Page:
BACKGROUND: The use of mammography for screening asymptomatic women has increased dramatically in the past decade. This report describes the changes that have occurred in the use of bilateral mammography in British Columbia since the provincial breast cancer screening program began in 1988. METHODS: Using province-wide databases from both the breast cancer screening program and the provincial health insurance plan in BC, the authors determined the number and costs of bilateral mammography services for women aged 40 years or older between Apr. 1, 1986, and Mar. 31, 1997. Unilateral mammography was excluded because it is used for investigating symptomatic disease and screening abnormalities, and for follow-up of women who have undergone mastectomy for cancer. RESULTS: As the provincial breast cancer screening program expanded from 1 site in 1988 to 23 in 1997, it provided an increasing proportion of the bilateral mammographic examinations carried out each year in BC. In fiscal year 1996/97, 65% of bilateral mammographic examinations were performed through the screening program. The cost per examination within the screening program dropped as volume increased. Thirty percent more bilateral mammography examinations were done in 1996/97 than in 1991/92, but health care system expenditures for these services increased by only 4% during the same period. In calendar year 1996, 21% of new breast cancers were diagnosed as a result of a screening program visit. INTERPRETATION: Substantial increases in health care expenditures have been avoided by shifting bilateral mammography services to the provincial screening program, which has a lower cost per screening visit. (+info)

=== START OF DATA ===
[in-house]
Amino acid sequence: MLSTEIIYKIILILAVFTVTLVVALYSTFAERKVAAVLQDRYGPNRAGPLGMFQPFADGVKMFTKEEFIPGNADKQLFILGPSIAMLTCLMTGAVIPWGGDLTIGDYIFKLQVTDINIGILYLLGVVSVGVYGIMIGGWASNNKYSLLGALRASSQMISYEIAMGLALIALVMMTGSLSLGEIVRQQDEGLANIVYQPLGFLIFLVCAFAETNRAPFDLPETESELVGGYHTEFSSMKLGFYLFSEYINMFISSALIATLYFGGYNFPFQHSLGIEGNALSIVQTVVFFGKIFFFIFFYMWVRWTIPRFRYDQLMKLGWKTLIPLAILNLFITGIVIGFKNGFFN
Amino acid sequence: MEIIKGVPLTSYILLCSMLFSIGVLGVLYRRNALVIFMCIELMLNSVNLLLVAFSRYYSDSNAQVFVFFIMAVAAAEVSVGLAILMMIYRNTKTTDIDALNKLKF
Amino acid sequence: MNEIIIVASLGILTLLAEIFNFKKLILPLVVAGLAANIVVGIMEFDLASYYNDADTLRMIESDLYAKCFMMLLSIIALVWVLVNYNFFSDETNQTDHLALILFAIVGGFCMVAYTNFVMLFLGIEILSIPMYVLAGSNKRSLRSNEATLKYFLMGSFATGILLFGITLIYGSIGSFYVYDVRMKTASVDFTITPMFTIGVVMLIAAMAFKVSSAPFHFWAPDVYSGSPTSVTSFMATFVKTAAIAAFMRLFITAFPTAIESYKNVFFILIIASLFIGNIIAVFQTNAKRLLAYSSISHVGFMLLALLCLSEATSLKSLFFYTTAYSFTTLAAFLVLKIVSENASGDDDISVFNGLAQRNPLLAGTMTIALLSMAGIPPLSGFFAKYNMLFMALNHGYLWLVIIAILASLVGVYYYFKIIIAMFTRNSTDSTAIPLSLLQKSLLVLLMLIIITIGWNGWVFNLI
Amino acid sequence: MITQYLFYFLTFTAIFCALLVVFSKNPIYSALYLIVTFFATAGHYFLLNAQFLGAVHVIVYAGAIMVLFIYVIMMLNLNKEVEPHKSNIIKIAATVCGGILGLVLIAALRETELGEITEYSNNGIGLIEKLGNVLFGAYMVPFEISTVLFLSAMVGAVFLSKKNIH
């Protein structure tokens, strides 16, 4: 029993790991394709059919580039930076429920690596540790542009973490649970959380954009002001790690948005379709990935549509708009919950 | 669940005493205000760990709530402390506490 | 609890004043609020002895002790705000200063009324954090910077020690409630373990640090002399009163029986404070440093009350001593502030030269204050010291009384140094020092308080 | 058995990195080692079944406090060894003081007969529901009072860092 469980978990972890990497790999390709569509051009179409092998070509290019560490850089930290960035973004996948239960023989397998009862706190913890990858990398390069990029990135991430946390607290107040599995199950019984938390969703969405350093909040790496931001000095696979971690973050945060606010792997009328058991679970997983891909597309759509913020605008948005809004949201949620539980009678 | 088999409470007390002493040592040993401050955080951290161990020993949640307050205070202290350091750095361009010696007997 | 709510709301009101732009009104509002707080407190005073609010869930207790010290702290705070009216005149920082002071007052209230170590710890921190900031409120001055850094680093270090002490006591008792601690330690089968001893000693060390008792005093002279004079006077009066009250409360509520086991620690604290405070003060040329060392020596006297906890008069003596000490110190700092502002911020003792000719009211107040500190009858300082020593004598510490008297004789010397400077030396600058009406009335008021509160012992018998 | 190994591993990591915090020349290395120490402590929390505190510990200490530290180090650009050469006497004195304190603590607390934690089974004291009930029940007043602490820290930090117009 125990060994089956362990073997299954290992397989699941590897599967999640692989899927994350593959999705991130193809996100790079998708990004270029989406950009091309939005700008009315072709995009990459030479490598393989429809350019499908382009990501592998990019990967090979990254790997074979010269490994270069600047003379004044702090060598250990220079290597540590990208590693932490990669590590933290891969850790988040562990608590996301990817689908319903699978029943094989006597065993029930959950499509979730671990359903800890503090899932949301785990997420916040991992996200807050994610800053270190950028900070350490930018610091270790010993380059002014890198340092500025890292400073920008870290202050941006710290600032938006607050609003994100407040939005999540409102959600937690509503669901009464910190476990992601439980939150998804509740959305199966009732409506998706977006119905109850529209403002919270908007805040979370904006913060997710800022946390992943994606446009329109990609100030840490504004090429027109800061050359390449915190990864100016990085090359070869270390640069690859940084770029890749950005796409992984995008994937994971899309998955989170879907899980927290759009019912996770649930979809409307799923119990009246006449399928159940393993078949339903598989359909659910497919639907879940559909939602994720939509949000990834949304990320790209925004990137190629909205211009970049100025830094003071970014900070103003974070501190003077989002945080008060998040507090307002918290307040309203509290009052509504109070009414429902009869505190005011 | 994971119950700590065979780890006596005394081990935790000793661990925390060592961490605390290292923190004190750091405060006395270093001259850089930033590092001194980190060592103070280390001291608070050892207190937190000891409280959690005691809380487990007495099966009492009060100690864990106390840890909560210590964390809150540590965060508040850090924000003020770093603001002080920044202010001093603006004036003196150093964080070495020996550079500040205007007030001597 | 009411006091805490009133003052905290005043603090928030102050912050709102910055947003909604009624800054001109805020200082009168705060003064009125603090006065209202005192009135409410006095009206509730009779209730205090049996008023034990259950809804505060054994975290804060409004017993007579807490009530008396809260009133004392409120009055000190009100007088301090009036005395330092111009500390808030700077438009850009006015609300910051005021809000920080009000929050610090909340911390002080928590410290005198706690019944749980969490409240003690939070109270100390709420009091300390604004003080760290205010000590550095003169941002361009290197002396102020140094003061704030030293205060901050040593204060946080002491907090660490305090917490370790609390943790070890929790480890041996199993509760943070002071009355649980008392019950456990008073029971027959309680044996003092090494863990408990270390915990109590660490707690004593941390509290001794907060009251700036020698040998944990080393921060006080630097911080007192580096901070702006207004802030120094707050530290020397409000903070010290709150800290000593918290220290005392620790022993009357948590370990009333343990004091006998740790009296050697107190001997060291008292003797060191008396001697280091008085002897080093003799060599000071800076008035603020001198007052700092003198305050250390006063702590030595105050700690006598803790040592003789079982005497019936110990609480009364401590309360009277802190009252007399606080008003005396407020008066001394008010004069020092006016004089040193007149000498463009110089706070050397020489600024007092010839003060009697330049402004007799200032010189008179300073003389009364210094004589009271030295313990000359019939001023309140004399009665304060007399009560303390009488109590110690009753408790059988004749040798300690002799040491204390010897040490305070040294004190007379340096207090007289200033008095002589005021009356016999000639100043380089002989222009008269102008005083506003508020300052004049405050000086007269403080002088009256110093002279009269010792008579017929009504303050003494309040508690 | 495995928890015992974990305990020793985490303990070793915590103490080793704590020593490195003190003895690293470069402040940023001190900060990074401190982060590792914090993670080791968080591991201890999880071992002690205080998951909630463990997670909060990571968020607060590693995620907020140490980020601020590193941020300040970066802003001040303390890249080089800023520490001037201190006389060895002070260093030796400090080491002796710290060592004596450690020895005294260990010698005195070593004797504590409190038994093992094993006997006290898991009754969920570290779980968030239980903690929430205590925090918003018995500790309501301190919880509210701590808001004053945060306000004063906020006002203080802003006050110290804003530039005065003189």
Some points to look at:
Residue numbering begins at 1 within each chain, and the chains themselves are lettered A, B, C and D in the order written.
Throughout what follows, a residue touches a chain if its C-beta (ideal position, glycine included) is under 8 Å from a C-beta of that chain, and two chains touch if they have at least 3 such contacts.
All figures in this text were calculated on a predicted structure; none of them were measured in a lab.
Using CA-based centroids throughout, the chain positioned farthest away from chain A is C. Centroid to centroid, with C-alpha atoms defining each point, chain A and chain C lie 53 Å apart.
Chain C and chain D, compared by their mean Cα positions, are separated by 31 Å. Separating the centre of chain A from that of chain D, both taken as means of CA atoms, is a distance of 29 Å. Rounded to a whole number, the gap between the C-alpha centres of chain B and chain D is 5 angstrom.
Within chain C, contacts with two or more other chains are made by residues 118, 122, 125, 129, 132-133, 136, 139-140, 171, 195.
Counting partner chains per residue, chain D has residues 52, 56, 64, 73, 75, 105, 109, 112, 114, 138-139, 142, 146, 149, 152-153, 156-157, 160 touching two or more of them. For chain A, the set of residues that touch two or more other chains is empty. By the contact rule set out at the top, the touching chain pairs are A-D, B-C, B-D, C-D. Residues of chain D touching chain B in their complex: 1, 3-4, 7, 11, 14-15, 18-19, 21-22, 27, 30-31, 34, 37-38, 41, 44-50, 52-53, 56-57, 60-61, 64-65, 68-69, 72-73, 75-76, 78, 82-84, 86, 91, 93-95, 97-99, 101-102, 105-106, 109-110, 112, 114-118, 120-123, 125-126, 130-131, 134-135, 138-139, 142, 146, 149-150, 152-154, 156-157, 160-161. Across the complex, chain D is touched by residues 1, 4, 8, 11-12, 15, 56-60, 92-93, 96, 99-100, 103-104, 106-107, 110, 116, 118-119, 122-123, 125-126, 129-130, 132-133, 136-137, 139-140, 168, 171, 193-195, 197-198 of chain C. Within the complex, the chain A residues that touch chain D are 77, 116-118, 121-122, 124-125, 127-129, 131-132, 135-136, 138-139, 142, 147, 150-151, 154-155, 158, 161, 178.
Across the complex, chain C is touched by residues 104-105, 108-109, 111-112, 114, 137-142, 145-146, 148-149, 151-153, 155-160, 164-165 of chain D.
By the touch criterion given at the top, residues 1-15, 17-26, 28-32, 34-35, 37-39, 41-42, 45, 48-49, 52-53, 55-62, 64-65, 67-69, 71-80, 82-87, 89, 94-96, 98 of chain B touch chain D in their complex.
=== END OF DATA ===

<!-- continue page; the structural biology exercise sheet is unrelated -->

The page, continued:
Pap screening clinics with native women in Skidegate, Haida Gwaii. Need for innovation.
PROBLEM ADDRESSED: First Nations women in British Columbia, especially elders, are underscreened for cancer of the cervix compared with the general population and are much more likely to die of the disease than other women. OBJECTIVE OF PROGRAM: To develop a pilot program, in consultation with community representatives, to address the Pap screening needs of First Nations women 40 years and older on a rural reserve. MAIN COMPONENTS OF PROGRAM: Identification of key links to the population; consultation with the community to design an outreach process; identification of underscreened women; implementation of community Pap screening clinics; evaluation of the pilot program. CONCLUSIONS: We developed a Pap screening outreach program that marked a departure from the usual screening approach in the community. First Nations community health representatives were key links for the process that involved family physicians and office staff at a local clinic on a rural reserve. Participation rate for the pilot program was 48%, resulting in an increase of 15% over the previously recorded screening rate for this population. More screening clinics of this type and evaluation for sustainability are proposed. (+info)